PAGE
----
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Here’s How This Undocumented Student Went From Homeless To Ivy League Superstar

Truly an inspiration.

Dan-el Padilla Peralta is an undocumented immigrant and a bonafide academic badass. Peralta, who was born in the Dominican Republic, came to New York City as a child, where he persevered through homelessness and cleared myriad legal hurdles to graduate from some of the most prestigious universities in the world. MTV News caught up with Peralta to find out more about the experiences he chronicles in his memoir, "Undocumented: A Dominican Boy’s Odyssey from a Homeless Shelter to the Ivy League," out Tuesday (July 28).

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"When I was growing up – the first and biggest challenge was that we were really poor," Peralta, who at one point lived in a homeless shelter with his mother and brother, said. "My brother and I [would] go to school and then at home hope that there wasn’t a blackout in our apartment or that water kept working and running or that we would have enough food every first and 15th of the month."

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Despite financial struggles at home, Peralta was accepted to Collegiate, one of the most prestigious private schools in the world. But when the time came to start thinking about college, Peralta was faced with another wave of anxieties about his legal status.

"It was really when I was a junior in high school that it dawned on me that being undocumented was going to pose a serious problem in terms of college applications," he said. "I had gained enough knowledge about how federal financial aid works, to know that I wasn't going to be eligible for any federal financial loan help or any federal grants. So, when this all hit me over the head like a ton of bricks, I sat on it for a while and I didn’t really know what to do and then one day I went to my college counselor and I told him, you know, 'I'm undocumented.'"

Instead of encouraging him to hide this information, Peralta's college counselor had a very different approach, one that surprised Peralta, who'd kept his legal status a largely a secret. "My college guidance counselor came up with the great idea of me going to a Princeton admission’s officer at an information session in New York City and volunteering the details of my undocumented status to this admissions officer... I immediately responded, 'there’s no way, I could do this,'" he said.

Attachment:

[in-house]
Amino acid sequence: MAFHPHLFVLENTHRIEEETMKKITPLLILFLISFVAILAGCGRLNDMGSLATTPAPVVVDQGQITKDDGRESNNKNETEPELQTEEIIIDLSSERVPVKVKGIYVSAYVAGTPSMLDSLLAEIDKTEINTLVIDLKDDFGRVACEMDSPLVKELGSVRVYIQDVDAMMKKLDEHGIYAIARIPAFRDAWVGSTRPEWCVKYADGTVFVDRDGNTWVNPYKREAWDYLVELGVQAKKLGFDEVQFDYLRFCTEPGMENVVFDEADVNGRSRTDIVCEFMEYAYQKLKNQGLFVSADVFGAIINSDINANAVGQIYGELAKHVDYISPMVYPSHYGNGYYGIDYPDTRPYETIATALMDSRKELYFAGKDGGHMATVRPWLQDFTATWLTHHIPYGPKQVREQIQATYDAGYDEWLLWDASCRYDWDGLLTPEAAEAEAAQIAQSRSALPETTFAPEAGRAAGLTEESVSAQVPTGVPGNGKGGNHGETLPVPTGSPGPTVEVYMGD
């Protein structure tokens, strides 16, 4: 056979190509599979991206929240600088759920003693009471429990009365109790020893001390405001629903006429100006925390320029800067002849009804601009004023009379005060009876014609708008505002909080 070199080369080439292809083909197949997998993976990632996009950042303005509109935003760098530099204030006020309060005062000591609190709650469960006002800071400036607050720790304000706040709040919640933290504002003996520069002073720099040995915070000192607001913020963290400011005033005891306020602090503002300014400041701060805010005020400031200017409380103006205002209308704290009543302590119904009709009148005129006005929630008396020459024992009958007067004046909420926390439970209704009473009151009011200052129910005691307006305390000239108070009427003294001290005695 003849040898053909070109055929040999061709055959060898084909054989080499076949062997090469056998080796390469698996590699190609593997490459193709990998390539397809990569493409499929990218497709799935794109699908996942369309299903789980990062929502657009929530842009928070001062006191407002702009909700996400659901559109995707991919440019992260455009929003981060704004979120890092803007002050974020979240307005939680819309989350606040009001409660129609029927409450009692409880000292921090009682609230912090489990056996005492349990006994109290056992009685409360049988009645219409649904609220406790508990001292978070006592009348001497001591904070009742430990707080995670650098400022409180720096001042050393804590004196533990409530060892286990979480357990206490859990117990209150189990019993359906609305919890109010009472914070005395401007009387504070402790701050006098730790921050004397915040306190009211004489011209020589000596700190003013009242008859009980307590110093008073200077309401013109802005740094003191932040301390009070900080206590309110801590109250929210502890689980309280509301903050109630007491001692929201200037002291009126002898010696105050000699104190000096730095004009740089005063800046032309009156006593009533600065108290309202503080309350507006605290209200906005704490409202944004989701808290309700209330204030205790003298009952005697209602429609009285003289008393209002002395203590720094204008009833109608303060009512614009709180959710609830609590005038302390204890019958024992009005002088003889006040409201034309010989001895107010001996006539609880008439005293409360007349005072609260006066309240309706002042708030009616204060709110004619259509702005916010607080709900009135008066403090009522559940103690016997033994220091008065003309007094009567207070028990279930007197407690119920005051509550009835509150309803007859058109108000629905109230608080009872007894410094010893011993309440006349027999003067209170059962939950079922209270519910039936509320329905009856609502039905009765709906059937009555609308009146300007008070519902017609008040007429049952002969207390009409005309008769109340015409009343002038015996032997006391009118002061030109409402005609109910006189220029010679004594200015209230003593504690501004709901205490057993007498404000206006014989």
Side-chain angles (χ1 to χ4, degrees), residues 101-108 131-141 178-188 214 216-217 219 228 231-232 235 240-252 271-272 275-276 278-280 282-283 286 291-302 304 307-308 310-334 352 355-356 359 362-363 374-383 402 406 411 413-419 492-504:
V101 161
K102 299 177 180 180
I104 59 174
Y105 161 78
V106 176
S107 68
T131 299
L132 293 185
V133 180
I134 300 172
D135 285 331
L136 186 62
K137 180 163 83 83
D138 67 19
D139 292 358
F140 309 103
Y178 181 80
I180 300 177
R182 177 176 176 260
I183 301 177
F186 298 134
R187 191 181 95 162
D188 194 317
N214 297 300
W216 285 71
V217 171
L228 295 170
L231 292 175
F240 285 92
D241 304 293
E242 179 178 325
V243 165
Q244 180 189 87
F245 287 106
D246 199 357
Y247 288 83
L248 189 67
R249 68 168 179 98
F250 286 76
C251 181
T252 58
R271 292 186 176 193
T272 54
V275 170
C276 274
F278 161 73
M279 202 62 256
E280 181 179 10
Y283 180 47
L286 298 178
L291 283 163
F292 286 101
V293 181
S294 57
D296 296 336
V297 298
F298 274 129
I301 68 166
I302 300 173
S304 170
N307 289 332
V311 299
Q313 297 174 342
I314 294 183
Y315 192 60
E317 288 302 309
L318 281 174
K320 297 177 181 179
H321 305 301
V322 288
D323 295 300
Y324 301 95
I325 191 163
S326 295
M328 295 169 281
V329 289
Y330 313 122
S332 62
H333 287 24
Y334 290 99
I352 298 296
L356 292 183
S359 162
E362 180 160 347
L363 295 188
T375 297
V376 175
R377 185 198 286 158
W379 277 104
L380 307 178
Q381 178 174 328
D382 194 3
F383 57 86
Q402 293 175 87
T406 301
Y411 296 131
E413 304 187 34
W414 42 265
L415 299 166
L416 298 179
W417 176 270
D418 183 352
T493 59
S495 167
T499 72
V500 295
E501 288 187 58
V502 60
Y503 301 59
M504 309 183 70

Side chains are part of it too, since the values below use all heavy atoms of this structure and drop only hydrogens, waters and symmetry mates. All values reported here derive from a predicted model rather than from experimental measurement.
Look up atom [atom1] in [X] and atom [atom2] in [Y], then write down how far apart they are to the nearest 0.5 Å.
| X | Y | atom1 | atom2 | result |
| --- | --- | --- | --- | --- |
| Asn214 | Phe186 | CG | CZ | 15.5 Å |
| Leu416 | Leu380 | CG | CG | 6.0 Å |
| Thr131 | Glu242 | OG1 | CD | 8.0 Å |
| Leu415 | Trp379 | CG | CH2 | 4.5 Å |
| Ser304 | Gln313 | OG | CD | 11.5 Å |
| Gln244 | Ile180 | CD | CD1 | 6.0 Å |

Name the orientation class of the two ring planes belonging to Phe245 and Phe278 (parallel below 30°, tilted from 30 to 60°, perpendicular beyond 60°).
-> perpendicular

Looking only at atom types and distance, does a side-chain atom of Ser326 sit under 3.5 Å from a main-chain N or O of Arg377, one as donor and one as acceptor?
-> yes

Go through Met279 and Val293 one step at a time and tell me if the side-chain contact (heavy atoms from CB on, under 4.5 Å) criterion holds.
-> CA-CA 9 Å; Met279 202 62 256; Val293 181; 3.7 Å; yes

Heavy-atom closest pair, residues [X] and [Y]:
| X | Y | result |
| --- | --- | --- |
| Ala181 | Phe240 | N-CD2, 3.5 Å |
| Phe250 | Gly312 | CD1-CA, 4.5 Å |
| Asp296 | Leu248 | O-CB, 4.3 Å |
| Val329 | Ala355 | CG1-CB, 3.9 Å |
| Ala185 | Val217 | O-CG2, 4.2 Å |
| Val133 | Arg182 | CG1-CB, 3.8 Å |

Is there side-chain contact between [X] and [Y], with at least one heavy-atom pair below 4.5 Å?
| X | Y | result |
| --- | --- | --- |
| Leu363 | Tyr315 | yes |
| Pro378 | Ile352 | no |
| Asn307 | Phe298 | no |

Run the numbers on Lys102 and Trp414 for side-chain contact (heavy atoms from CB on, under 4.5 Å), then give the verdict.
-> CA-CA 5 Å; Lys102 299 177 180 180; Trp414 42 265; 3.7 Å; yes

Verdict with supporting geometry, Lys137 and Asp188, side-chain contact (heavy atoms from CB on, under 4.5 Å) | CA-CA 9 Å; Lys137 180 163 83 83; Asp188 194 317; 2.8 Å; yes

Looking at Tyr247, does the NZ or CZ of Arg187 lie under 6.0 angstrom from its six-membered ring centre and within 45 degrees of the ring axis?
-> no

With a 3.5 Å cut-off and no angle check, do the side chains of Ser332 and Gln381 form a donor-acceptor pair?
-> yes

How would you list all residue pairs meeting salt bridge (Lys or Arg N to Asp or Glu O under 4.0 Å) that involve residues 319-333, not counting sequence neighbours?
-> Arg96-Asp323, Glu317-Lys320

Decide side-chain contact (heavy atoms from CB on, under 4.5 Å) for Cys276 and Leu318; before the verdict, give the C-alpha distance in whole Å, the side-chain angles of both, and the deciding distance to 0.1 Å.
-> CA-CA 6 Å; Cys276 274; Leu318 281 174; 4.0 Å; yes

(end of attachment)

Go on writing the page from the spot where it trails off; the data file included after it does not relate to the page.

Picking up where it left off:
"But eventually, gently nudged by this admissions officer, I decided to go to this info session and tell the admissions officer about my predicament," Peralta said. "And the admissions officer replied, 'You should feel free to apply to Princeton. Your status is not our problem; it’s not going to factor into our admissions decision.'"

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Since then, Peralta's gone on to achieve all sorts of academic amazingness, like graduating from Princeton at the top of his class and earning his doctorate in classics from Stanford University. Currently, he's a fellow at Columbia University, where he'll be a lecturer in classics. But he feels there's still a lot of work to be done to shed the stigma of being undocumented, especially for young people.

"You have no one to talk to," he said. "The friends who may be able to travel, not even terribly far, but at least able to go from one state to another and you think to yourself, 'well, why can’t I do that?' Well, because traveling might be a bit of a problem. You’re already poor to begin with and you don’t have papers so you don’t want to risk that.

"It’s so difficult as a teenager or young adult to get yourself to the point where you feel comfortable talking about that, where you feel empowered enough to talk about that and to say 'this is the limitation, the constraint that I have to deal with,'" he said.

Peralta's advice for young, undocumented students is to find people they can trust to talk to about their status, and to consider becoming involved in advocacy, either on or offline. "I believe in order to make ourselves effective advocates we have to begin the process of healing ourselves and undoing the stigma that is imposed by this discourse and ideology that is so structured around the lack of papers," he said.

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"In the case of undocumented youth, one of the things I want to say is the American dream ... is hopelessly unattainable for them until we rethink our immigration apparatus comprehensively," Peralta said. "We need to be very careful in what and how we approach the American dream and we have to be prepared to accept that there are many kinds of variations of the dream, some of which need to be systemically interrogated in order for them to have any meaning."

For more information about the campaign urging undocumented people to 'come out,' check out Define American.